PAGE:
It’s fairly easy to get tangled up in the music of Bryce Vine. Atmospheric qualities and witty lyricism litter his songs and create perfect songs to vibe to.

Unsurprisingly, the soulful rapper and singer awaits a sold-out crowd in Madison Tuesday as he prepares to perform with opening acts Kid Quill and 7715. Vine is on tour to anticipate the release of his debut album, Carnival.

Watsky talks music, creative ventures ahead of Majestic showIn an elite group with the likes of DJ Khaled, T-Pain and Pikachu, George Watsky’s last name is typically shouted Read…

Of course, Vine’s sold-out appearance doesn’t come out of nowhere. Vine was introduced to music at a young age when his mom recognized his interest and bought him an acoustic guitar.

“I spent every night in my garage learning one string at a time how to play,” Vine said. “I would record little song ideas on my eight-track tape.”

A journalism class provided unexpected inspiration for Vine to hone his songwriting skills and musical connections.

Nothing More rocks Sylvee before national tourNothing More, underdog alternative rock band from San Antonio, brought a huge crowd and an energetic performance to The Sylvee Read…

Vine met a classmate who played drums and formed a band with her. Additionally, while fairly certain his foray into journalism was limited to a film review or two, Vine found his journalism class allowed him to write more expressively than any other.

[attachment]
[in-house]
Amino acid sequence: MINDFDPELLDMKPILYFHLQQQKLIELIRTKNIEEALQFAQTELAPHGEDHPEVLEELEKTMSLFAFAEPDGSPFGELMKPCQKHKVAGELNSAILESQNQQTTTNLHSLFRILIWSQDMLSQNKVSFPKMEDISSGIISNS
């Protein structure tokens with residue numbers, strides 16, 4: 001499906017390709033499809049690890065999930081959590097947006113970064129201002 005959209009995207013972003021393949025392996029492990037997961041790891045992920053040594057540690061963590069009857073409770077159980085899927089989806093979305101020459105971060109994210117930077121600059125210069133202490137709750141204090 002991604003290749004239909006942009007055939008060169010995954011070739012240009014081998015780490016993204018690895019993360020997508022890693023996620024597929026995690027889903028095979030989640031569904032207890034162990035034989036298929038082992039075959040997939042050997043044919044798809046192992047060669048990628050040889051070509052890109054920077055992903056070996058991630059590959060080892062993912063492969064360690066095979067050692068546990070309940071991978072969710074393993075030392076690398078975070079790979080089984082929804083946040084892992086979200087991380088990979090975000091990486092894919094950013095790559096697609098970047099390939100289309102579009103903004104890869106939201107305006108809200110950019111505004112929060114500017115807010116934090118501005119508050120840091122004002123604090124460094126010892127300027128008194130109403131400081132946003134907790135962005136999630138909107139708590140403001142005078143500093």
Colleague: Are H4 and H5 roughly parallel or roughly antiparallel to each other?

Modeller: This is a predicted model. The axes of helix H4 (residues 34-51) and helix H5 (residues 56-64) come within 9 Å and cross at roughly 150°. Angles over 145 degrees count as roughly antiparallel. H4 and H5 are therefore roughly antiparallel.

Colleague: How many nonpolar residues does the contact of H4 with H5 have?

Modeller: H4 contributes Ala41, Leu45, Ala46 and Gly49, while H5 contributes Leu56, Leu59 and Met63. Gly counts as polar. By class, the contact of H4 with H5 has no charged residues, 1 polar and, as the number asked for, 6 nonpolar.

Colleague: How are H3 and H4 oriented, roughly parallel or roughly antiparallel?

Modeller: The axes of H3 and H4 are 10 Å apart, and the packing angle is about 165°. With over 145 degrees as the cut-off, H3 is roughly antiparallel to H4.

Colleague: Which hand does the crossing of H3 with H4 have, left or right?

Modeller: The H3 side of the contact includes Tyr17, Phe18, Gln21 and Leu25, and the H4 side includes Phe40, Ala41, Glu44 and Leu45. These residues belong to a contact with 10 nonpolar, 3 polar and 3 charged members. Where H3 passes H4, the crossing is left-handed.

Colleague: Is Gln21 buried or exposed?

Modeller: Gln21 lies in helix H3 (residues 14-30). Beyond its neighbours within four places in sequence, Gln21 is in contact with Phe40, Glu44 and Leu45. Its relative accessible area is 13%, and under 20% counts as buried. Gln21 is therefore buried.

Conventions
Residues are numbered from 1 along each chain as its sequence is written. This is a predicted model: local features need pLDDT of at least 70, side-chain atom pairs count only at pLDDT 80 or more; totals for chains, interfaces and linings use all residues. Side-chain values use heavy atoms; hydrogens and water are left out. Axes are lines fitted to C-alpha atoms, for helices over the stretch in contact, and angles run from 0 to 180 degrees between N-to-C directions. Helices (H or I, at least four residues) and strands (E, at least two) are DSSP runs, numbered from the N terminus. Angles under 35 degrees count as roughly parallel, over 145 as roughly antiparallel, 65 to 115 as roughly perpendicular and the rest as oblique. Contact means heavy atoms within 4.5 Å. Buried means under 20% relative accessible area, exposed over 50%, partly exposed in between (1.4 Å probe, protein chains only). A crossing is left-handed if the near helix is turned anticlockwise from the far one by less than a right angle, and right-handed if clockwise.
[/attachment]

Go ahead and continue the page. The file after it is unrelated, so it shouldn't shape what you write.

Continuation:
“It was the closest thing in high school to being able to write songs without getting in trouble in class,” Vine said.

After performing at different venues around Los Angeles, further development at the Berklee School of Music still left Vine unsure which genres suited his voice best. Vine experimented with gospel, jazz ensembles and classes before meeting a collaborator who made beats, steering him towards a pop rap sound.

Dillon Francis, Alison Wonderland create mystical music experience at The SylveeLast week’s cold weather didn’t stop music lovers from lighting up The Sylvee Thursday night, as people arrived in droves Read…

Vine’s music has a heightened, glamorous feel on top of its pop and rap foundations. The cheeky lyricism in songs like “Drew Barrymore” pair well with the polished production.

Vine’s work on empowering songs like “Glamorama” is also admirable — he subverts sexist stereotypes typically found in popular music and gives power to female images.

Ahead of the show, Vine hopes to create an energetic environment for the large crowd

“If a crowd is giving me everything that they have, you can feel it,” Vine said. “They can’t stop moving around and they’re smiling and singing and they’re yelling all the words … If I’m tired when I get off stage, I know it was a great show.”

Too Many Zooz astound fans at MajesticToo Many Zooz quite literally blew fans away with their energy and sound from just three instruments on stage. The Read…

Hopefully, Vine will be a bit tired when he leaves the Majestic stage Tuesday.

Vine’s performance with Kid Quill and 7715 is sold-out for Tuesday evening. Fans without tickets can anticipate the release of a new single, “La La Land,” in the upcoming weeks as well as Carnival’s later debut.